Money tips for travellers to the Canary Islands
Together with the rest of Spain and continental Europe, the Canaries successfully converted from the Spanish Peseta to the Euro (€) on 1st January 2002. €1 was equivalent to about 166 Pesetas.
The new currency has been good news for travellers, especially those in the Euro Zone. British holidaymakers also find it an easier currency to convert and use.
The Canary Islands are part of Spain and the European Union but outside for the purposes of taxation. This means no VAT (or IVA) is charged on goods in the Canaries and you will find that alcohol, cigarettes and fuel are noticeably cheaper.
Remember that, unlike mainland Europe, there are limits on the duty-free goods you can return to UK.
General advice for UK holidaymakers
It's easy to lose your head when using an unfamiliar currency. Stay savvy by remembering the following:
- NEVER hand over cash without fully understanding the price. Most shops have cash machines with an electronic display. ALWAYS check your change.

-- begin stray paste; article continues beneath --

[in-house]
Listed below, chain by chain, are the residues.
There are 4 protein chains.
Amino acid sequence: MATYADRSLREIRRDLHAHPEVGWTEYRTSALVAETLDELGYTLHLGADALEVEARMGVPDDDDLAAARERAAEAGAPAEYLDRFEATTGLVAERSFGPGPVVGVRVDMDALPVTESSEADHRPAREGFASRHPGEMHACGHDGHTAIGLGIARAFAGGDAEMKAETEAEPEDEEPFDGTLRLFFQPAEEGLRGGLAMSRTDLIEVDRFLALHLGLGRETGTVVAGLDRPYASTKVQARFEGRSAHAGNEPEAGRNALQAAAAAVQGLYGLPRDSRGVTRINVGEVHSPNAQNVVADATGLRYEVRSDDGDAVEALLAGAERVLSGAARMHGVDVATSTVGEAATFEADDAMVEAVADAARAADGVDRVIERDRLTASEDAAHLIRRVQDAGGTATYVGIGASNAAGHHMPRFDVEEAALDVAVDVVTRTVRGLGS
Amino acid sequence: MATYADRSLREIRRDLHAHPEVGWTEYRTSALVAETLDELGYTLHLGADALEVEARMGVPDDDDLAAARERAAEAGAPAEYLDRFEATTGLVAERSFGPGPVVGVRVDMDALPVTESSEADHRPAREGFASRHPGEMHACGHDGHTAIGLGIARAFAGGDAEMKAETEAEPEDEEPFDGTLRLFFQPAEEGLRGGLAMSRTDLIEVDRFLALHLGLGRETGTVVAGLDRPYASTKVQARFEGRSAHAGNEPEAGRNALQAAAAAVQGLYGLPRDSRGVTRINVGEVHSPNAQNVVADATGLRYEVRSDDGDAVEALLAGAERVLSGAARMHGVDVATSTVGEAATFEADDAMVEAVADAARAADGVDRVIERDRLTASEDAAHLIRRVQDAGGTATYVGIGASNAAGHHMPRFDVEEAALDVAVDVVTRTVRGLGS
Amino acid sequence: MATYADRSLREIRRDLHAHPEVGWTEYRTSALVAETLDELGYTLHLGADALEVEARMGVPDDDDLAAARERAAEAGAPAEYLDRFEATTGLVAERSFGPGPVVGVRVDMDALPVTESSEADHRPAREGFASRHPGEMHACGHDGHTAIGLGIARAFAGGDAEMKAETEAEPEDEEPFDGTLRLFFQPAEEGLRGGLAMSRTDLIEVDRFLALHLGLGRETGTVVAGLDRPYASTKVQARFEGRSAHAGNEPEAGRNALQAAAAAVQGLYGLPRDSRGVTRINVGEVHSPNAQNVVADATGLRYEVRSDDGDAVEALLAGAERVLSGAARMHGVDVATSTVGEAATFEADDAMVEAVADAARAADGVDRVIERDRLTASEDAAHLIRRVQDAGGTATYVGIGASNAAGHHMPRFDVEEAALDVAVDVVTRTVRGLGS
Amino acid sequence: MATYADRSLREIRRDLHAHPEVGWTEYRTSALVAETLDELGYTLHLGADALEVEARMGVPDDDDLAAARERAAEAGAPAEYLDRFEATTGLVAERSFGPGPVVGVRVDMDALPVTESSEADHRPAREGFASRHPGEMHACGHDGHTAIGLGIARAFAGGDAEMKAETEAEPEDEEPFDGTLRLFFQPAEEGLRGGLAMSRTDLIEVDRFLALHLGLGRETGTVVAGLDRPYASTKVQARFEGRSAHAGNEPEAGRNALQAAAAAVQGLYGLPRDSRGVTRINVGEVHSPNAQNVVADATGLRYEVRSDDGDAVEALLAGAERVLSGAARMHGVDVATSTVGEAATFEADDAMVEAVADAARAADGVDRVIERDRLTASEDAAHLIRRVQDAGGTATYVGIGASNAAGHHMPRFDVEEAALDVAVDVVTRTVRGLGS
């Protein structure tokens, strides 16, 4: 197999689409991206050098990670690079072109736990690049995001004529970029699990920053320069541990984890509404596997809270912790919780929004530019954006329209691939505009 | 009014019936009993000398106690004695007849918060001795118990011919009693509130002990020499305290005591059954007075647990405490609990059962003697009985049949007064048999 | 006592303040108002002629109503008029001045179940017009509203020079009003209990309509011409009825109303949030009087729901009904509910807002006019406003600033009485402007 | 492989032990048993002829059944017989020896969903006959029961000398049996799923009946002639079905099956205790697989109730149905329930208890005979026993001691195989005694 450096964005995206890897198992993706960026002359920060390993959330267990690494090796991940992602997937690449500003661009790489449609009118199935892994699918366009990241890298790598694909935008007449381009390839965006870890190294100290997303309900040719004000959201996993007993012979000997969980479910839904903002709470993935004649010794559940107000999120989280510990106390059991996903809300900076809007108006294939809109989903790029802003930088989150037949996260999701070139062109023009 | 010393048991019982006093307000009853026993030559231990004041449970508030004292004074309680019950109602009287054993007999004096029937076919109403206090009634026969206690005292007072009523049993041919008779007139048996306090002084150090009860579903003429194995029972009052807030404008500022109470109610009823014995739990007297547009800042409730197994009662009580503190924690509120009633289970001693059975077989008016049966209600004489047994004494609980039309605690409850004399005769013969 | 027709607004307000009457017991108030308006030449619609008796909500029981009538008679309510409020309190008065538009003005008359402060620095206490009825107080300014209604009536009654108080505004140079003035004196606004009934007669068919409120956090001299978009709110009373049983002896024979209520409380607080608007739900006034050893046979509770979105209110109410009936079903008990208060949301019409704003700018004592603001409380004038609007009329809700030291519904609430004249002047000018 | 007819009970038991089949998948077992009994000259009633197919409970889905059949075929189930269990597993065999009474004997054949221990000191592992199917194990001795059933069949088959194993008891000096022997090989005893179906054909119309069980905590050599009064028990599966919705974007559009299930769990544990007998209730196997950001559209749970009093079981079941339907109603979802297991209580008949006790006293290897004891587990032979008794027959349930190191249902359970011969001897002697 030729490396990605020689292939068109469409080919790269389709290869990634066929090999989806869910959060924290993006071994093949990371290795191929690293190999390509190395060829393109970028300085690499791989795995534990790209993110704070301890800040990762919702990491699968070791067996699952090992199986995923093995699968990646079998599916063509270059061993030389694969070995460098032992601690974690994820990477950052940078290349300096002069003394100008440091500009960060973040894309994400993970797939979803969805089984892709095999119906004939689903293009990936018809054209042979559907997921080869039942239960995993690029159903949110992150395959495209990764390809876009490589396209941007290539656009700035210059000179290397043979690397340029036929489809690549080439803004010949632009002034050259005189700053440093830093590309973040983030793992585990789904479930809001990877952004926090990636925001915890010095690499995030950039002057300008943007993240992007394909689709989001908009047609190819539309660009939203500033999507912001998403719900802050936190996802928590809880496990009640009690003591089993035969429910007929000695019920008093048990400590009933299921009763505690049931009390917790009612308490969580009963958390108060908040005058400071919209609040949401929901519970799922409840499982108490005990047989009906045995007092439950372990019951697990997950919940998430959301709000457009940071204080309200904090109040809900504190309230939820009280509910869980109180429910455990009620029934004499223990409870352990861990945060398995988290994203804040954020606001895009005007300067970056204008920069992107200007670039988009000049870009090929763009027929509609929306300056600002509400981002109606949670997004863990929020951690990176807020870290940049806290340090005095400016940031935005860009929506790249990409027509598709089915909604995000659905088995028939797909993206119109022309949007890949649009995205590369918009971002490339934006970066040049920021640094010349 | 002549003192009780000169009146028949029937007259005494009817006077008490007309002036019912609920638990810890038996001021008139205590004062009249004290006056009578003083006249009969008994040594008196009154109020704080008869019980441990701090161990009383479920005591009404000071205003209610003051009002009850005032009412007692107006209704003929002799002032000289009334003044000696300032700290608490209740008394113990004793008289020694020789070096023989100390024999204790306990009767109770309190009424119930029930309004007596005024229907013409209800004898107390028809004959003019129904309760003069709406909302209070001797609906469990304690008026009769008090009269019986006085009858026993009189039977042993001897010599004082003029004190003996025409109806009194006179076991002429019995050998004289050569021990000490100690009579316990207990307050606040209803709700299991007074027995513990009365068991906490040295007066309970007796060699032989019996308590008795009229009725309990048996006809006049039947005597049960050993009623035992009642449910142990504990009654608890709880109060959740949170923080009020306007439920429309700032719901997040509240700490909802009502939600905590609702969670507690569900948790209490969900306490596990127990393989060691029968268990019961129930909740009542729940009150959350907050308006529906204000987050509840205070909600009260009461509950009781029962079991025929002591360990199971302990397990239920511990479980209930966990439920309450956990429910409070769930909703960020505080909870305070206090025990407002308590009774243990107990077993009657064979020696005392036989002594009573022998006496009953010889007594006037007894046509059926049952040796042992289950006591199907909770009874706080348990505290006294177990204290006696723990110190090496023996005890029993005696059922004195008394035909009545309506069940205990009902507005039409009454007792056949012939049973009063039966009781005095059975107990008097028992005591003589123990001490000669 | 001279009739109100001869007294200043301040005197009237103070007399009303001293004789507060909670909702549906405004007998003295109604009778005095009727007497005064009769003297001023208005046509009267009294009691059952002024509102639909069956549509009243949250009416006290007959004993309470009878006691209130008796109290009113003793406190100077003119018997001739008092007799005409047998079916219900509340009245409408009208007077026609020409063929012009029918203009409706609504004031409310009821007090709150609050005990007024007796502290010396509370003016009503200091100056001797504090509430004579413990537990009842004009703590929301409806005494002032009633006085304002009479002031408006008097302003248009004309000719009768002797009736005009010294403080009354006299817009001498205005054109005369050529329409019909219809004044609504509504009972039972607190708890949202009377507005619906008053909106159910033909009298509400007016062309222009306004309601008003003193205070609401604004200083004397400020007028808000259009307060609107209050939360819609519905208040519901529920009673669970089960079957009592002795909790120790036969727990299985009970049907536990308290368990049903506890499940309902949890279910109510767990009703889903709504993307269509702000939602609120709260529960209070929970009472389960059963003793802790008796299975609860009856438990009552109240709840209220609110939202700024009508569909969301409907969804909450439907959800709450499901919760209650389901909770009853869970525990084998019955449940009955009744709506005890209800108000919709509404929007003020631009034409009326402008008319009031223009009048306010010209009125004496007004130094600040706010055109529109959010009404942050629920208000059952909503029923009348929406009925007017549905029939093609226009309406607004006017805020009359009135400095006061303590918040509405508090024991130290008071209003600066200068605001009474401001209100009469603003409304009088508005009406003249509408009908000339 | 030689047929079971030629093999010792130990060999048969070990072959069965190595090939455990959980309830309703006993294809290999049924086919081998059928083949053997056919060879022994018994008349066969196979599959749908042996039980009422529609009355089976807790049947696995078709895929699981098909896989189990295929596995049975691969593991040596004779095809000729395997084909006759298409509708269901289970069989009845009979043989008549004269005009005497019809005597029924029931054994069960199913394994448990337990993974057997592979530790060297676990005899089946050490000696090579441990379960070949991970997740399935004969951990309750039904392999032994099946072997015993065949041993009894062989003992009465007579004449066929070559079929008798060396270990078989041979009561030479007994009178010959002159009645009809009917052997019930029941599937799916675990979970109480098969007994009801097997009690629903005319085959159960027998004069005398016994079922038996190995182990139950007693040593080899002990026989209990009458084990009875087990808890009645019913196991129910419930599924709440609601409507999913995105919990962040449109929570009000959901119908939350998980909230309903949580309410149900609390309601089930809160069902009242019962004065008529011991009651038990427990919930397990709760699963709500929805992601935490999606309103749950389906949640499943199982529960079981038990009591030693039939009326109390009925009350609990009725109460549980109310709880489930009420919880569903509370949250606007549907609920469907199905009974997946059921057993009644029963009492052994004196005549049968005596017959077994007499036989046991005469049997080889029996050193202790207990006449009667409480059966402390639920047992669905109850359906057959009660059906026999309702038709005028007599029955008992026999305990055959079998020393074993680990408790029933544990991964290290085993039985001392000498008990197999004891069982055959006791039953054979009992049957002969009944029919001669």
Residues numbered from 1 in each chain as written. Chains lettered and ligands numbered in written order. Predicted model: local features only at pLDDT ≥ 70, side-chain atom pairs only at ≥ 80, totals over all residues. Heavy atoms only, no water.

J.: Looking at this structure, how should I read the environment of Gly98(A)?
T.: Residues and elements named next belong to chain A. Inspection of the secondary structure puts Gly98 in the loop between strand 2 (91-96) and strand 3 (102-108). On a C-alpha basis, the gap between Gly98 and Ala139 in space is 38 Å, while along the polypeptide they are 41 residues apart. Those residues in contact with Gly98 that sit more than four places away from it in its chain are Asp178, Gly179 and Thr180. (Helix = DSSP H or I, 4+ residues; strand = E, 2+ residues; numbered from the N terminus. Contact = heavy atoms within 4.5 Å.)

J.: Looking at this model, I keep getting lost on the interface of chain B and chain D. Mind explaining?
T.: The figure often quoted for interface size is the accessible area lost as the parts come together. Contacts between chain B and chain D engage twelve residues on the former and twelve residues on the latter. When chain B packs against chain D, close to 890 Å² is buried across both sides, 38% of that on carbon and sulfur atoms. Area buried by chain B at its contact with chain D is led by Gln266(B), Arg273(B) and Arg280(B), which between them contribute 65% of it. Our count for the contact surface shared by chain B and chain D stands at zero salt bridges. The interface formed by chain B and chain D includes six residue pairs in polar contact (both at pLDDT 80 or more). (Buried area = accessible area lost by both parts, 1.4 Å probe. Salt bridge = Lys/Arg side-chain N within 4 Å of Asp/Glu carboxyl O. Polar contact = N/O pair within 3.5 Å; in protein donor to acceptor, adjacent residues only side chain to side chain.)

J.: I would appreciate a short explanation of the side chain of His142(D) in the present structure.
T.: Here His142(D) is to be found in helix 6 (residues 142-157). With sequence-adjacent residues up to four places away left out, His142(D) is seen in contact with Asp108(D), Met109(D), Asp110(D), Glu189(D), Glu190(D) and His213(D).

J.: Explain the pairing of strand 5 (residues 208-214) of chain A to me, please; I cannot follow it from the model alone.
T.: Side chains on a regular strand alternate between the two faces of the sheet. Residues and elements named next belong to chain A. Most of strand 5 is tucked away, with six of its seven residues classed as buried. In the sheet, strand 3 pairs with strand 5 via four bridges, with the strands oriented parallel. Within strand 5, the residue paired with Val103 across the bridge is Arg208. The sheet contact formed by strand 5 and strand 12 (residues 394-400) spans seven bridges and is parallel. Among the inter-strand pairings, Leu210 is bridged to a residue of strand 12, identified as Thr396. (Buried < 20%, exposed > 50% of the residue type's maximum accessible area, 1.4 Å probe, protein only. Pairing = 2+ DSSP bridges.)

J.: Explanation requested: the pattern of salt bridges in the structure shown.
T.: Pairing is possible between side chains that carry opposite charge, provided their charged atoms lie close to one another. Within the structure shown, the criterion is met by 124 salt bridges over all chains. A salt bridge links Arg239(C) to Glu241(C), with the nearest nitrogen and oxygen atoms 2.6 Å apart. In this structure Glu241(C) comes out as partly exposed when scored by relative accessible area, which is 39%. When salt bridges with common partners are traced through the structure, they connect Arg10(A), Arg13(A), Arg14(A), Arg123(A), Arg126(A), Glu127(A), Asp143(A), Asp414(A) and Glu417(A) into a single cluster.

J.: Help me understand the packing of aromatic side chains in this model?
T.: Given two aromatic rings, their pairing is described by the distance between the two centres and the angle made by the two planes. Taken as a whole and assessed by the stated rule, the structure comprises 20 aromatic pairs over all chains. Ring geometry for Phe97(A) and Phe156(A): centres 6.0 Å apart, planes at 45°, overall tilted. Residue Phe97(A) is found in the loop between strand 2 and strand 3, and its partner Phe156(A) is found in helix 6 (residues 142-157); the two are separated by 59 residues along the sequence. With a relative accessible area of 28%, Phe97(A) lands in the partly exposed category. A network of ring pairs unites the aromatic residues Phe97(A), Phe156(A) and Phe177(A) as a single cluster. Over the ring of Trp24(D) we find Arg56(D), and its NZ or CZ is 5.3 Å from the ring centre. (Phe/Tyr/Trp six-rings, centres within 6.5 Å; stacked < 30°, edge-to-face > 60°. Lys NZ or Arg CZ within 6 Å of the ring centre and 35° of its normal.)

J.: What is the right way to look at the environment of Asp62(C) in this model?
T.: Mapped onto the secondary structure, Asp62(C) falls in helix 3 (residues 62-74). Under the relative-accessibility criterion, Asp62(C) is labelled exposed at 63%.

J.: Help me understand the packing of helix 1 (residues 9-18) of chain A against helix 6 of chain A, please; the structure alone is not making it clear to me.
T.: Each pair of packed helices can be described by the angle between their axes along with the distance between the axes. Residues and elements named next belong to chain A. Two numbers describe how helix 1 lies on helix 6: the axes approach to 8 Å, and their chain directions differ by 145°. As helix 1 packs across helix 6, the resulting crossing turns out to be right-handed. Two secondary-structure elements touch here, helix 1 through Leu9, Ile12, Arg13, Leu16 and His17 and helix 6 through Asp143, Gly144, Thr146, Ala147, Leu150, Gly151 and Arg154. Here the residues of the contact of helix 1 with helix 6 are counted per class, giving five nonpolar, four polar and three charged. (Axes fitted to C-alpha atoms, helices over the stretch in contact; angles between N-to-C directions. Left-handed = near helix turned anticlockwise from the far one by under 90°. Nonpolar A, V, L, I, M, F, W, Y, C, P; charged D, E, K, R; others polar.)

- It is far cheaper to buy sun lotion, alcohol, cigarettes and food in local shops and supermarkets. Avoid high prices in tourist centres and the airport.
- Visa and Mastercard are widely accepted in shops, restaurants and cash machines. Shops will ask for identification with card purchases - keep your passport handy!
- For your personal safety, never carry more cash than you really need.
- Avoid cheap electronics - it is NOT cheaper to buy these locally, especially in tacky tourist shops (that have been the source of many scams).
- The Spanish use decimal points and commas in the opposite way to the UK format. Points denote thousands, commas denote a decimal point e.g. £9,999.99 would be written 9.999,00€
Tips and Gratuities
Although the locals rarely tip, it is still accepted courtesy to tip for good service. In restaurants, 10% is considered normal where service is not included. In cafés and bars, leave a little small change. For porters, chambermaids and tour guides, €1 - €2 is common. 10% is also normal in taxis.
Remember that tipping is optional; if service is poor, don't be afraid to make your feelings known by leaving nothing.